A Comical Battle of Egos(or “an I for an I”)
“And there came a day, a day unlike any other, when Earth’s mightiest heroes and heroines found themselves united against a common threat. On that day, the Avengers were born – and when that threat proved too much for the Avengers, they called upon the Lion of Olympus to save the day. Heed the call, then – for now, and forever, Hercules stands triumphant!” A year after Marvel pulled off “Assistant Editor’s Month” to great acclaim, a fill-in creative team took the reigns of The Mighty Thor after 19 consecutive months where Walt Simonson basically ran the whole show. The Mighty Thor #356 sold for 65¢ in June 1985 just as The Incredible Hulk faced certain death during his exile at The Crossroads, Rocket Raccoon and Iceman were in the midst of their respective limited series, and Sasquatch faced off against Sasquatch in the pages of Alpha Flight.
The opening scene of this comic features Herc and Avengers’ butler, Jarvis, strolling down a Central Park jogging trail next to a tree featuring “Walt + Weezie” graffiti (for the book’s vacationing writer/artist and his wife, Louise “Weezie” Jones Simonson). While this isn’t part of an official “Assistant Editor’s Month”, the issue has plenty of fun at the expense of our super heroes. For example, after being struck in the head by a flying Frisbee, the Prince of Power’s response to its owner’s concern is “Fear not, fair maiden, you did only strike me in my head!”. To be perfectly honest, dear reader, there is more fun in this issue than your humble author could possible describe, yet I shall share my best effort with you as we share a strong brew this morning.As Hercules and Jarvis prepare to seek the ingredients for a feast of Olympus, we see distractions abound. On a nearby hill, however, awkward youth Matthew, whose passion happens to be art, finds himself fending off the the bullying criticisms of older student Tony and his pals. These teenage tough guys can’t help but give the smaller boy a hard time for wanting to forego sports on a summer day in favor of his sketchbook, and can’t understand why he would choose to draw Thor instead of “real heroes like the Torch of Spider-Man”. The boys seize a prime opportunity to show their creative classmate how foolish he is when Hercules strolls by, and they shove Matthew into his path, demanding that Matthew ask him who is stronger, he or Thor.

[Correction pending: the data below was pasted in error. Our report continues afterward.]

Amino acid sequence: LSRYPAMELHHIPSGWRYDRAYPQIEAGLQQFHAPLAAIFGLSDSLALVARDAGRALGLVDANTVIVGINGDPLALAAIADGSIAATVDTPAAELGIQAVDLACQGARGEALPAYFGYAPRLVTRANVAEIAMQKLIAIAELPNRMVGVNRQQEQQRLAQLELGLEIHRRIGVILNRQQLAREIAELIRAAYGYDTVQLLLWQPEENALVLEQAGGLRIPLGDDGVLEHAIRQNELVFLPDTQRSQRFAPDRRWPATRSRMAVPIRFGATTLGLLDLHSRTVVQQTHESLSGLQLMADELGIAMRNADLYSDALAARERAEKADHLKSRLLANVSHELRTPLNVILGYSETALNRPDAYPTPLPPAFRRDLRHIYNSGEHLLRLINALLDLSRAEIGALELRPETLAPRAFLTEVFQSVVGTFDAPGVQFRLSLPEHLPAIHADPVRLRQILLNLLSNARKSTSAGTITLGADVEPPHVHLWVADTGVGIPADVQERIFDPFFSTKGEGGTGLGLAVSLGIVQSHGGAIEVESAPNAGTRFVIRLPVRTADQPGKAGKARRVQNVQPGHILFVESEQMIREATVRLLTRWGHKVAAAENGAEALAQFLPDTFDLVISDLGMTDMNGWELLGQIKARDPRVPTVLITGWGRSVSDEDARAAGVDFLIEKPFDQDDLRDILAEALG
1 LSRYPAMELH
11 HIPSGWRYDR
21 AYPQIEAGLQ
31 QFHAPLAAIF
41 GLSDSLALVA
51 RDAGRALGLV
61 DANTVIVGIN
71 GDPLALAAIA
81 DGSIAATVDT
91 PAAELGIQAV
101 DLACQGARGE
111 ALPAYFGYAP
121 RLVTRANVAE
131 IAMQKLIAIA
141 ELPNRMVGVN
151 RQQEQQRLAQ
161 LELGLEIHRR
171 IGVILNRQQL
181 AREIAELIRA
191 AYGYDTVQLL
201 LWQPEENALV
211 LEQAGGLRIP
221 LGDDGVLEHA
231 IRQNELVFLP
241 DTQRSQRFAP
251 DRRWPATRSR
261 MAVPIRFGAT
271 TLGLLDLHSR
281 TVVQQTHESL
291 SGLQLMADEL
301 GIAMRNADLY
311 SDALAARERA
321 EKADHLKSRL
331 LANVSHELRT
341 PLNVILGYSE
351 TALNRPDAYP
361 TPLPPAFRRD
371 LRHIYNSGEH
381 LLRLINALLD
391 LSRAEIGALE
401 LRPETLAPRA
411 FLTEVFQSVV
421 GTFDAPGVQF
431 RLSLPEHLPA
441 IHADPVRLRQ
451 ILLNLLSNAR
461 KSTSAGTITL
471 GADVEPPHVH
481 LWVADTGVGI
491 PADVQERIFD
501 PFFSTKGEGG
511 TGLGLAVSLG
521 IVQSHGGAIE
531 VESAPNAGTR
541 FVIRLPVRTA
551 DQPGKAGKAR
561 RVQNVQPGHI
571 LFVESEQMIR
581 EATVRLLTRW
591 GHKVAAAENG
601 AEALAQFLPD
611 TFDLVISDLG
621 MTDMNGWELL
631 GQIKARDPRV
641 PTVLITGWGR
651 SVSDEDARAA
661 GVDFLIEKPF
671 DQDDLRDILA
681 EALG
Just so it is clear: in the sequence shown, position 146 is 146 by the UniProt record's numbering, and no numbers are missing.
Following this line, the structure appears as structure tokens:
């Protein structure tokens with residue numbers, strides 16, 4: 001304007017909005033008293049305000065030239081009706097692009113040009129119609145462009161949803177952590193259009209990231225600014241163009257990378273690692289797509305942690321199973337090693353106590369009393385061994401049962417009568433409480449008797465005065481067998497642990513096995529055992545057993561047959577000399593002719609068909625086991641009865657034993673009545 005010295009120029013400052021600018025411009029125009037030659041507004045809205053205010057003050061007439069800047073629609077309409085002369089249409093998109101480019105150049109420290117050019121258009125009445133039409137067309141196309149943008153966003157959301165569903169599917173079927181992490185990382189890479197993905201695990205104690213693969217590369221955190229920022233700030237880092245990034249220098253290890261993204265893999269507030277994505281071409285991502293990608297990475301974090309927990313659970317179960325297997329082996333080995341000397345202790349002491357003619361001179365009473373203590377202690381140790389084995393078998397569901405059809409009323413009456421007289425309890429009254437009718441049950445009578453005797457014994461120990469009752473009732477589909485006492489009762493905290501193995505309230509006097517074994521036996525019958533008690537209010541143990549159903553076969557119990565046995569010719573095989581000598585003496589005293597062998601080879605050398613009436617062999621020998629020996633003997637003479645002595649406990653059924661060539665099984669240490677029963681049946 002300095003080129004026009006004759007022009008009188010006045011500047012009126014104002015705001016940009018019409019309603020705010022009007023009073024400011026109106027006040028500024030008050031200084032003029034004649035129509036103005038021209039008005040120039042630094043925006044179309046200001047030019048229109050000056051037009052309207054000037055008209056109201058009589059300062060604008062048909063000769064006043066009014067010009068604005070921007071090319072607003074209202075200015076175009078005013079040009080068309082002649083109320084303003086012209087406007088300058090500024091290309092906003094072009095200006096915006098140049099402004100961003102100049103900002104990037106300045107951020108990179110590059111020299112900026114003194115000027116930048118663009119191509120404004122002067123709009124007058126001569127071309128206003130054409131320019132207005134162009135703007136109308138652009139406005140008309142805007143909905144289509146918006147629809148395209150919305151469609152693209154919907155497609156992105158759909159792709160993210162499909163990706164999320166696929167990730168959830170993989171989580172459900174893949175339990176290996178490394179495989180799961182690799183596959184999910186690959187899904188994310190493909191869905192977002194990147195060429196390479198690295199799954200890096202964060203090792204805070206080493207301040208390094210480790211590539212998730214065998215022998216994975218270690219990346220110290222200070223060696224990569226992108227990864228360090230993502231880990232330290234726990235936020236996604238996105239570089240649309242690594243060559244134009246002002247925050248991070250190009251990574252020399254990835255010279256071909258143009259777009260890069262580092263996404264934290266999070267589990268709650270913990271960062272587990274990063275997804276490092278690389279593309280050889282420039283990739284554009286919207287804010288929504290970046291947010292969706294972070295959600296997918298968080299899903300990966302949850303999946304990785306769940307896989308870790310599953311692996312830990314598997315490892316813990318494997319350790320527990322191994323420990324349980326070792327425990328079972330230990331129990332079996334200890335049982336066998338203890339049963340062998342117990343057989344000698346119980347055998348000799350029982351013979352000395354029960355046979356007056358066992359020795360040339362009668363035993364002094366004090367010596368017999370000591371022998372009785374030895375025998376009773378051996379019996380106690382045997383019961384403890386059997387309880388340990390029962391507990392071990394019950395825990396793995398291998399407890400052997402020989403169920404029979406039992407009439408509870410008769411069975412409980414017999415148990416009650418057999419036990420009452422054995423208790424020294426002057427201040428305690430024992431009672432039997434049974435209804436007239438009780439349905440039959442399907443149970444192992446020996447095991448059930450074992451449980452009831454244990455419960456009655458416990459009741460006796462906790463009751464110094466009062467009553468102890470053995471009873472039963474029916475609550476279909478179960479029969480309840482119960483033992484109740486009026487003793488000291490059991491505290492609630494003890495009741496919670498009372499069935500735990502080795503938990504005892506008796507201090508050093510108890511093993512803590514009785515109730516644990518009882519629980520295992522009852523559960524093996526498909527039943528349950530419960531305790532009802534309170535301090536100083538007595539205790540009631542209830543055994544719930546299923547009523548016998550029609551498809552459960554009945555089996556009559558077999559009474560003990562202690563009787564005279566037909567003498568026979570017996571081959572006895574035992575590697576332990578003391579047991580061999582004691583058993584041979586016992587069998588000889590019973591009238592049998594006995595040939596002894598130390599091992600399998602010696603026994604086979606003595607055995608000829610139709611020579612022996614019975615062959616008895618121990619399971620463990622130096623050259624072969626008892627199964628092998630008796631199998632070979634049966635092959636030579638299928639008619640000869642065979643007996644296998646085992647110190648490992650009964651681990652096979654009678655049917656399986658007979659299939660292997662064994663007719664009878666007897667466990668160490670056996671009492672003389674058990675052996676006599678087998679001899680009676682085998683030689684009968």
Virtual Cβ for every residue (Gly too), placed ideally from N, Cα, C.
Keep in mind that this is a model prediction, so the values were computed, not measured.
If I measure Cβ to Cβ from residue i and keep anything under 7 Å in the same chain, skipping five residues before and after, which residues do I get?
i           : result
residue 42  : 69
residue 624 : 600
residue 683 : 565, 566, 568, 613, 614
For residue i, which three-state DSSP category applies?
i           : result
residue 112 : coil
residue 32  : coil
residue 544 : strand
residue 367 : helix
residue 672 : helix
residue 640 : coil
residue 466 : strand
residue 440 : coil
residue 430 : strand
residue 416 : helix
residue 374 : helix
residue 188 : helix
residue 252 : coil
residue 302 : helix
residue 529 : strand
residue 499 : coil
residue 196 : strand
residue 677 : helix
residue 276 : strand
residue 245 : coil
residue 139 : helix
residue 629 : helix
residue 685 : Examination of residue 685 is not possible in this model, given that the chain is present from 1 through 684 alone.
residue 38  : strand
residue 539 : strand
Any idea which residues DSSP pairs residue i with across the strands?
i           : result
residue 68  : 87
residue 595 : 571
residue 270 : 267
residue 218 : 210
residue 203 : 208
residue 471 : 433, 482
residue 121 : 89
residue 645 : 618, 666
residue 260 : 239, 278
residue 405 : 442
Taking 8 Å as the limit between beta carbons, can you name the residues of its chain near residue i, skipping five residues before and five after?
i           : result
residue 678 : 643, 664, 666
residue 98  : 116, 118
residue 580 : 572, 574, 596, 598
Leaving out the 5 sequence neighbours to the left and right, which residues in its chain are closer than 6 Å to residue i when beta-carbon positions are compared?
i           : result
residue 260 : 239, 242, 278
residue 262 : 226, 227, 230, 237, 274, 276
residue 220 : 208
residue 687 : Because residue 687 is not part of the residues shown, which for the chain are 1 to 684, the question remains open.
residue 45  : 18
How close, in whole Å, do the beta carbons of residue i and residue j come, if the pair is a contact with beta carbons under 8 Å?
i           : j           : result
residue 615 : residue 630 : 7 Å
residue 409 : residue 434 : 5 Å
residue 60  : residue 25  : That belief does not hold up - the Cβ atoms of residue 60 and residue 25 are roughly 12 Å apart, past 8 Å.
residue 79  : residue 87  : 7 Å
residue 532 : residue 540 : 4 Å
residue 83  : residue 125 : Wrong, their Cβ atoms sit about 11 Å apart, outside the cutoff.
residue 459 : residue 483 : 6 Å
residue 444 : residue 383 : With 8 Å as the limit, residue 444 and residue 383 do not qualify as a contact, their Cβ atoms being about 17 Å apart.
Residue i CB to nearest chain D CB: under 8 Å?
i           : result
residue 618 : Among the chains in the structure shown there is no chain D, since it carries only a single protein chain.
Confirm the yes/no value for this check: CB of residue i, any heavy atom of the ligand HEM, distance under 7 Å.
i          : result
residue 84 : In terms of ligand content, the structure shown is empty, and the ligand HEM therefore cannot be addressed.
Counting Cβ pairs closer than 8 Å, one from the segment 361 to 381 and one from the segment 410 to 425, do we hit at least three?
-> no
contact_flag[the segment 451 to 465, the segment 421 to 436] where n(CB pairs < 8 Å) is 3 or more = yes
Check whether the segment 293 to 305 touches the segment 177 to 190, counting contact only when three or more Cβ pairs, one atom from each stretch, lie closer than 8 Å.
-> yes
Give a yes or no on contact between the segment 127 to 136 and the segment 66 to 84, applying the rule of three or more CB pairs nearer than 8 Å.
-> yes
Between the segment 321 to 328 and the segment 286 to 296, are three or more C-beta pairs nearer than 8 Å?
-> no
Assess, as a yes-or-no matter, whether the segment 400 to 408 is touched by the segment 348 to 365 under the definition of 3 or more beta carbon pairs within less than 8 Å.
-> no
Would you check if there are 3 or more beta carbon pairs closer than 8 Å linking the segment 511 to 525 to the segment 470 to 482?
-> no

The magnitude of Hercules’ physical power is only equaled by his ego, generosity and ability to spin legendary tales. The tale he tells, however, in response to the boy’s question, is not without its … exaggerations. Stretching from Avengers Mansion to the empire State Building to “a place the gods forgot — New Jersey”, Hercules’ story recounts how the jealousy by the Thunder God of the son of Zeus grew out of control one day. Apparently, Thor’s behavior was not unlike a spoiled child, bonking Hercules on the head with Mjolnir in frustration of losing an arm-wrestling match against his fellow Avenger. To be “rudely hit … with a weapon as ridiculous as the uru hammer of all things is too much to ask of even the son of Zeus!”.As the two battle into the streets of New York City, Hercules handily thwarts every attempt by Thor to gain the upper hand. In fact, Thor’s complete disregard for public property brings disgrace to the “Avenger” name.
Not only does he rip up a street in an effort to unbalance his sparring partner, but then proceeds to use a private citizen’s vehicle as a makeshift weapon. “Oho, Thor!”, says Herc, “Surely you do not intend to stop me with that puny car!” “Oof”, struggles Thor, “ ’Tis not just a car, Hercules — ‘tis a Volkswagon!” As they fight on, the valiant Hercules tirelessly proves his physical, intellectual and moral superiority to the Odinson time and time again. As credible as this yarn seems, true believer, even I became suspicious when Hercules lift up the entire island of Manhattan to dump Thor into the East River.
It remains to Jarvis to notice that Matthew appears distressed by the Olympian’s story, while the “unruly-looking” Tony seems to be enjoying himself. Seeing the lad’s artwork, which is full of Thor drawings, gives Jarvis all he needs to deduce the state of affairs. He whispers the details to Hercules a moment later, and the powerhouse has a decision to make. Does he finish the story as he told it, with him as the mighty hero and Thor as the pitiful buffoon? Or, does he reverse the narrative and unravel his ego a bit, making Thor the victor while uplifting the boy’s spirits, as well as his stature among his spiteful peers.
Without any lack of respect for “Bob & Jackson’s” work, which is absolutely beautiful, I’d like to say that I see shades of some of my favorite artists in this issue, including John Byrne and Dale Keown. I don’t dare to guess if they inspired or were influenced by the former, but I’m pretty confident to say that they engendered the latter. Not only is this a comic book worth reading, but it represents an age and level of talent which we may not see again. There were serious stories of global crisis, relationship turmoil and monstrous villians, but comics could take a break from that once in a while and poke fun at themselves. I enjoy being taken along for the ride, and I will be here each week to bring you all with me. Until Hercules replaces his “Have at thee!” battle cry with “Can’t we just be friends?”, I bid you to fare thee well!
The Mighty Thor #356 was written by Bob Harras (Marvel Comics’ Editor-in-Chief 1995-2000), penciled by Jackson Guice (Action Comics, The Flash) and inked by “Babyface” Bob Layton (Hercules: Prince of Power).
Rick “Smash” Hansen